NASA’s new large moon rocket is headed back to the garage for some minor repairs, potentially delaying its first launch until late summer or later.
That means NASA will stop for now from trying to complete what it calls a wet dress rehearsal for the rocket — a detailed countdown exercise called “wet” because it involves loading more than 700,000 gallons of ultra-cold liquid hydrogen and liquid oxygen into the rocket’s fuel tanks.
For the past month, the rocket, called the Space Launch System, has been sitting on the launch pad at the Kennedy Space Center in Florida to test its ground systems. The tests were to culminate in the wet dress rehearsal.
However, three attempts at that drill all ended early due to a variety of technical issues during the countdown. The goal of the rehearsal with a new missile system is to identify and solve such problems.
Technicians also found that a valve on the top stage was malfunctioning, and for the third rehearsal last Thursday, the test was modified so that only the fuel tanks on the booster stage had to be filled. But then a hydrogen leak was discovered in what’s called the tail service mast’s umbilical cord attached to the underside of the rocket, and the rehearsal was scrubbed. The oxygen tank was not yet half full and the hydrogen refueling had just begun.
Last week, NASA officials said they hoped to fix the hydrogen leak while the rocket was still on the launch pad. But on Monday they said they had changed their mind. Next week, the rocket will be rolled back to the Vehicle Assembly Building, where technicians can more easily access parts of the rocket. That will allow replacement of the balky top kick valve.
At the same time, a third-party supplier that supplies nitrogen gas – which is used to remove hazardous gases – will upgrade its systems. During two of the rehearsals, nitrogen supply failures delayed the countdown.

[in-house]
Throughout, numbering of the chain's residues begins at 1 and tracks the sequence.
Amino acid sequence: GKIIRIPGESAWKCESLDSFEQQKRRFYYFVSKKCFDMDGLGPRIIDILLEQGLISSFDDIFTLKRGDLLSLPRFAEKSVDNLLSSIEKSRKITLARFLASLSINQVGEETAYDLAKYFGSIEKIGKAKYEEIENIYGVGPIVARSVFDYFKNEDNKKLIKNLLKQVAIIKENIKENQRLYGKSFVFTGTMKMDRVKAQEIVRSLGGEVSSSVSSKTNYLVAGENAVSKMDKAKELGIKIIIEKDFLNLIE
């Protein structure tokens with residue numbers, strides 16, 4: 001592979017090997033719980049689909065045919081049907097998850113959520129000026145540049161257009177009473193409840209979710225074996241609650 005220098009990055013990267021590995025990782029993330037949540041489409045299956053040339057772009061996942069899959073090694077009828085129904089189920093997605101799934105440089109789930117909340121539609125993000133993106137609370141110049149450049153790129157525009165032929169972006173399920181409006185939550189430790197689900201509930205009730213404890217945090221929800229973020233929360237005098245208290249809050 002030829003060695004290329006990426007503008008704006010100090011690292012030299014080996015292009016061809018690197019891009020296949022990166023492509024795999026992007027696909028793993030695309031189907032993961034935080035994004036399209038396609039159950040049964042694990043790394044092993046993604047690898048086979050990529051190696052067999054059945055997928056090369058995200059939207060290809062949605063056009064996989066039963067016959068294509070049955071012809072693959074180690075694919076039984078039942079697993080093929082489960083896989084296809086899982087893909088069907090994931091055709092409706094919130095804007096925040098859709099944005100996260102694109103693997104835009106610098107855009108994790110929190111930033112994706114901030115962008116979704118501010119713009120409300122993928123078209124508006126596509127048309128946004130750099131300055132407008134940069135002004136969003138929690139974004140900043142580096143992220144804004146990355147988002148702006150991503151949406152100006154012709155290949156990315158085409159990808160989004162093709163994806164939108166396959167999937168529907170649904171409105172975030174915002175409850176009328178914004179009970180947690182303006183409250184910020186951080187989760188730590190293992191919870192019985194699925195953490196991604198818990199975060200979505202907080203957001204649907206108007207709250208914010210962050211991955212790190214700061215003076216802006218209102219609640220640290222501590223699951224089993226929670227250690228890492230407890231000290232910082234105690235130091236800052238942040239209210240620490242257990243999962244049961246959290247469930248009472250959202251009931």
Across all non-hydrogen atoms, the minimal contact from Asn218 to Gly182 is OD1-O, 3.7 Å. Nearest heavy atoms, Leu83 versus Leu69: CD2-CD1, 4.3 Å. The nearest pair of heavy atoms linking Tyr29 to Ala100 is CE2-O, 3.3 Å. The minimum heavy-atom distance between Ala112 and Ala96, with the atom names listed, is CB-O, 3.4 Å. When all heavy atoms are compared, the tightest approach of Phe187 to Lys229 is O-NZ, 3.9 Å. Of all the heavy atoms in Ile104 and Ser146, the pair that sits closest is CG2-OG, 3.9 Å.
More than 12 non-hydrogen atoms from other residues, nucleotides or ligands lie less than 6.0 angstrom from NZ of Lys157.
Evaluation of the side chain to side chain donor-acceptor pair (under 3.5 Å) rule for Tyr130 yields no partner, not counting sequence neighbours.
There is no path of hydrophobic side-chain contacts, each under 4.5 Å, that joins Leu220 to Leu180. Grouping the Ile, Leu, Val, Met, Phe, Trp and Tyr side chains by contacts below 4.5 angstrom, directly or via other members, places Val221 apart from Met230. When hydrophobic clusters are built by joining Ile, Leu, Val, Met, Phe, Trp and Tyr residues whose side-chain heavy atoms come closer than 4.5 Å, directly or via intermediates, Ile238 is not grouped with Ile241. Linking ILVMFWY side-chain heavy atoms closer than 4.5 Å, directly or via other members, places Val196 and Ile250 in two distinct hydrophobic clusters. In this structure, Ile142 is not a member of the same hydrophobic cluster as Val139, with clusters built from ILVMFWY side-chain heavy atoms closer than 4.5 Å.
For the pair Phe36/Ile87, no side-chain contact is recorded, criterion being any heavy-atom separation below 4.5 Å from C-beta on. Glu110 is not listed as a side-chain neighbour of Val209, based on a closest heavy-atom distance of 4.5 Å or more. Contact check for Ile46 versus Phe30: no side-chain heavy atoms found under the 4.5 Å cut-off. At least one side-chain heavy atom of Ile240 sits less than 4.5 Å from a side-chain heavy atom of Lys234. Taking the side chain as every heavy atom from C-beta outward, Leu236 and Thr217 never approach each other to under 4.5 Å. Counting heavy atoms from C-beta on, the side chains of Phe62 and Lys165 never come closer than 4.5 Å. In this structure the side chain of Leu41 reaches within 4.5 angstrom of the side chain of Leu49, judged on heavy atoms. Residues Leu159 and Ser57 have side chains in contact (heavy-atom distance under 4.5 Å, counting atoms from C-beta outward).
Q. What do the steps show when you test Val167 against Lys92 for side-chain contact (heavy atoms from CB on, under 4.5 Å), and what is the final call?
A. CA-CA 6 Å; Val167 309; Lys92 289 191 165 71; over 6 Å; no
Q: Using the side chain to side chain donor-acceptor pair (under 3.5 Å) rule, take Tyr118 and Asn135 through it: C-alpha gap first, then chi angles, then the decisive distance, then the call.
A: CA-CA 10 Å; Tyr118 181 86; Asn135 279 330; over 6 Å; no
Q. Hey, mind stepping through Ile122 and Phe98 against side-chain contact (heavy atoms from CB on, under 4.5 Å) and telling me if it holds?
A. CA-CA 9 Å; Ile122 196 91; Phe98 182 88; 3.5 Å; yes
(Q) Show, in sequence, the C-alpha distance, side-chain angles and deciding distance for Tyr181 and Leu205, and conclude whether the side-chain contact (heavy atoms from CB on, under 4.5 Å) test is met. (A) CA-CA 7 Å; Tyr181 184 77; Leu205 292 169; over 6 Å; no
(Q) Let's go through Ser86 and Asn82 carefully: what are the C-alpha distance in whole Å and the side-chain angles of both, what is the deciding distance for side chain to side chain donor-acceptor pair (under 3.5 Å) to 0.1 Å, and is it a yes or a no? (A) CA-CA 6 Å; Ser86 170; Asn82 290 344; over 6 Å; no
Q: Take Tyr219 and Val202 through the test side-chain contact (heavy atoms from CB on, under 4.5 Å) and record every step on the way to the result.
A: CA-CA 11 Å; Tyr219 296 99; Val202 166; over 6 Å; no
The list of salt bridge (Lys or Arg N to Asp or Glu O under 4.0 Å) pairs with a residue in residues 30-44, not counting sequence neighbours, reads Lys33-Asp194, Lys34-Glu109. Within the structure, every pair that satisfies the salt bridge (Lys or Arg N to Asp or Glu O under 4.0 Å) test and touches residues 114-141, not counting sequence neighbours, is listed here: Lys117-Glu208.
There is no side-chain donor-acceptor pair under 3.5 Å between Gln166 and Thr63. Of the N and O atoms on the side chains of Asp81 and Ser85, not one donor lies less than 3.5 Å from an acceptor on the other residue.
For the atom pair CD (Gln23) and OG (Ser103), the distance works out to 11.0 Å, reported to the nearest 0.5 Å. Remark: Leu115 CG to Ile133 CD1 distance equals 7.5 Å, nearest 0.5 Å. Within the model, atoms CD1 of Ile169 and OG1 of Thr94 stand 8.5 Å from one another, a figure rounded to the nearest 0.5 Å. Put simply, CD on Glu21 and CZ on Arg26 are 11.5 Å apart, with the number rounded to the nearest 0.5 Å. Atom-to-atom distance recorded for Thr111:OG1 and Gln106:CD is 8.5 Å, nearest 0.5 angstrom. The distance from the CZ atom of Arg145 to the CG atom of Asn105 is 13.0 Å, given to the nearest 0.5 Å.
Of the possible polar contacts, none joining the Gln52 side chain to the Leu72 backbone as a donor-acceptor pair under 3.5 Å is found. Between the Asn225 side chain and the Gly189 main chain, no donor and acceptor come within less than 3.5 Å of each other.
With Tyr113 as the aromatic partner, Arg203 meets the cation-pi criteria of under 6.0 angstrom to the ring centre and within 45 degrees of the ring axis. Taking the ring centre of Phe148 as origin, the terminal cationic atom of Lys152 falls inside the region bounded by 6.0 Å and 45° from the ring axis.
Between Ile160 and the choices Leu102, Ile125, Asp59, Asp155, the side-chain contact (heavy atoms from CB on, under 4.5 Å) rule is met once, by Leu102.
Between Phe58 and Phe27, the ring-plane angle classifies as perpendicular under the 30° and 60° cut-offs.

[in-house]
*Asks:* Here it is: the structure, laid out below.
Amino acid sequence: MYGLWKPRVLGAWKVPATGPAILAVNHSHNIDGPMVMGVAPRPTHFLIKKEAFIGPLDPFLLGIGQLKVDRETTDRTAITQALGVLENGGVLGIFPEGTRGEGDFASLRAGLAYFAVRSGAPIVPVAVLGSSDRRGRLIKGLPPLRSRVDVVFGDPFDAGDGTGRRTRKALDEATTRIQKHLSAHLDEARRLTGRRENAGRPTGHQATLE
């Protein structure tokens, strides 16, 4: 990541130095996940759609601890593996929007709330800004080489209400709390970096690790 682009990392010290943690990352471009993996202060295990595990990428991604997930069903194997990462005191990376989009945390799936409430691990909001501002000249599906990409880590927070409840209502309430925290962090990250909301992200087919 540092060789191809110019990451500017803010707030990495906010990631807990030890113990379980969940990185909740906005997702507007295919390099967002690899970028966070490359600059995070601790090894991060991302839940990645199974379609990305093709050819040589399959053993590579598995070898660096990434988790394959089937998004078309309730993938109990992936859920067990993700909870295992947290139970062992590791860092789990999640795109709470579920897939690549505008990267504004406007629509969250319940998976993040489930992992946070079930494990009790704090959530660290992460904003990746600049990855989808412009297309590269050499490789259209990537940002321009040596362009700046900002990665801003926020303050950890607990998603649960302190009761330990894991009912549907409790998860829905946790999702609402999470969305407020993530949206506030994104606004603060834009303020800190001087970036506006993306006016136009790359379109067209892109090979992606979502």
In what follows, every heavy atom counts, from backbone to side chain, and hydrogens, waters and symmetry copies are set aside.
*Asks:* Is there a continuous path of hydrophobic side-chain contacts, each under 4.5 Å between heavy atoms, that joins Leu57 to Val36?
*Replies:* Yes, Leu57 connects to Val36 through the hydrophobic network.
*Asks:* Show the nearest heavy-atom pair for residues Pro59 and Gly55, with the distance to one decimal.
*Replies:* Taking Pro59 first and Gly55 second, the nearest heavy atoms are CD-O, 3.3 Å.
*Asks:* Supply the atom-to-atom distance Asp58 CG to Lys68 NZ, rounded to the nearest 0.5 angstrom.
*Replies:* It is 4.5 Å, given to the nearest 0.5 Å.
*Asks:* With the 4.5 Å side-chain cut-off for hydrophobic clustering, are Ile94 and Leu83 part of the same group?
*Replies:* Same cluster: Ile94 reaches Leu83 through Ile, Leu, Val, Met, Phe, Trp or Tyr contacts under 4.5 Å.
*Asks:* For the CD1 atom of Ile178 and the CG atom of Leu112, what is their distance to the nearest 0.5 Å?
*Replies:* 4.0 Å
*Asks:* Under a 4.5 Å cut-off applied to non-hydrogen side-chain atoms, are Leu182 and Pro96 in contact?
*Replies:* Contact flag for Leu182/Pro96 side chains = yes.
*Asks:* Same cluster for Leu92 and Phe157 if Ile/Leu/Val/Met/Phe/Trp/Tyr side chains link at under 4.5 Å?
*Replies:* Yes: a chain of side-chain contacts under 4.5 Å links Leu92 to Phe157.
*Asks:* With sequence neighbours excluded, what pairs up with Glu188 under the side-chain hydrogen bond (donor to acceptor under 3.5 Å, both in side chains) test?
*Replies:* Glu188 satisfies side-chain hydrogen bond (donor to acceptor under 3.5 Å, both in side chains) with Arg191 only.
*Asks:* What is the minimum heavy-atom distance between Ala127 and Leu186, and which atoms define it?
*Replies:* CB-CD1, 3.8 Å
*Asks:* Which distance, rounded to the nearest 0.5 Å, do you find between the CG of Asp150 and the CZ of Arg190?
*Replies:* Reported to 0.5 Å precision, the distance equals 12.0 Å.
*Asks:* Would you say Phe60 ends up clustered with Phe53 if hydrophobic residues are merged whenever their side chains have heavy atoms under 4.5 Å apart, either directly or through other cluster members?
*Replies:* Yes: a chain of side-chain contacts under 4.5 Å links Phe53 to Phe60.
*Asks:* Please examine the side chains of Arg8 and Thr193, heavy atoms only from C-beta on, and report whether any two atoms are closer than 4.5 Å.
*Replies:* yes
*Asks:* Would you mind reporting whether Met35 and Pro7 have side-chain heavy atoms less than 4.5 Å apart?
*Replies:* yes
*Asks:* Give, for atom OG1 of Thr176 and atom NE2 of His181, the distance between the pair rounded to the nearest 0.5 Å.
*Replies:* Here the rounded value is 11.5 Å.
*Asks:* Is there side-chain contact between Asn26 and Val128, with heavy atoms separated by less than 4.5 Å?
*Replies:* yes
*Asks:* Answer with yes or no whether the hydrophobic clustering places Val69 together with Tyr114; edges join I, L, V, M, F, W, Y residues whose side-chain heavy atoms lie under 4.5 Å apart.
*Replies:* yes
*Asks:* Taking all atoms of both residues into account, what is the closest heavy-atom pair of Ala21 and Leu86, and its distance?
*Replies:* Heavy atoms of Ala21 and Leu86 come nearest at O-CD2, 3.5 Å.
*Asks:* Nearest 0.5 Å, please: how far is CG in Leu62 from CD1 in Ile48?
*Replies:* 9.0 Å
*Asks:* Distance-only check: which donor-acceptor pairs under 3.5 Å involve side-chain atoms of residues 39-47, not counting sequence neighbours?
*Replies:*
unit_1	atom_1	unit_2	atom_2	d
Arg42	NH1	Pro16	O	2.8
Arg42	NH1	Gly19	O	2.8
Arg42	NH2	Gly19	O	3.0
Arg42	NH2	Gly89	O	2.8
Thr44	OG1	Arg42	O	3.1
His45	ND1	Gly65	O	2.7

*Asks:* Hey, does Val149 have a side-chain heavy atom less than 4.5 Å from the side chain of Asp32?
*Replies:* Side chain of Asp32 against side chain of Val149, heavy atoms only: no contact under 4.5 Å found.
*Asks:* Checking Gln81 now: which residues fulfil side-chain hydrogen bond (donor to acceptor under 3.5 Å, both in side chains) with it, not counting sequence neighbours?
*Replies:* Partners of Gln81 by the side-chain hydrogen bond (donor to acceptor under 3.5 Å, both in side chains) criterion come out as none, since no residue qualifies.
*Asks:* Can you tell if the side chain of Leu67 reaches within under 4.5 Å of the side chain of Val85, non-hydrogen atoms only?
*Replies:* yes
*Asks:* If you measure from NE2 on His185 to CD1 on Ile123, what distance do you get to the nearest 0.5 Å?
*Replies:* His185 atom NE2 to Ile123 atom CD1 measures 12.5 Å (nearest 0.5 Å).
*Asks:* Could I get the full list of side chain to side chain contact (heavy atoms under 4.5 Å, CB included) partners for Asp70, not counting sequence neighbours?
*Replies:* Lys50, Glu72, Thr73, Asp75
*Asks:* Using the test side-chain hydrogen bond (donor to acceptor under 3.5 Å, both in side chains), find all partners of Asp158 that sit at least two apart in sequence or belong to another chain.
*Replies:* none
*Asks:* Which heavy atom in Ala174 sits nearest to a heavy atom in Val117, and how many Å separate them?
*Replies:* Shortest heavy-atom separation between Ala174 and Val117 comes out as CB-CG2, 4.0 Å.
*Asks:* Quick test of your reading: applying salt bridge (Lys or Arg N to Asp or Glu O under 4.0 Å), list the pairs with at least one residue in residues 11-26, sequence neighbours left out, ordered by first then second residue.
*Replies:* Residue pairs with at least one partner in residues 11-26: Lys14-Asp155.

“The mega-moon rocket is doing very well,” Tom Whitmeyer, deputy associate administrator for common exploration systems development at NASA, said at a news conference Monday. “I think we’re getting really smart with this rocket. But we still have some more work to do.”
The Space Launch System, a key part of NASA’s Artemis program to send astronauts back to the moon, is years behind schedule and billions of dollars over budget. With the latter issues, getting the rocket ready in time for a two-week launch in early June would be a challenge, Whitmeyer said. There are additional options of two weeks from the end of June and the end of August.
“We are currently working on a number of different scheduling options that we will discuss with the management team over the course of the week,” said Charlie Blackwell-Thompson, the launch director.
One would be to make the minimum amount of repairs needed — the top stage valve and the hydrogen leak — and return to the launch pad for the wet dress rehearsal as soon as possible. A second option would involve some extra work needed to get the rocket ready for launch. Both options require a trip back to the Vehicle Assembly Building.
A third option would be to get the rocket all ready for launch and then do both the rehearsal and launch without going back to the building again.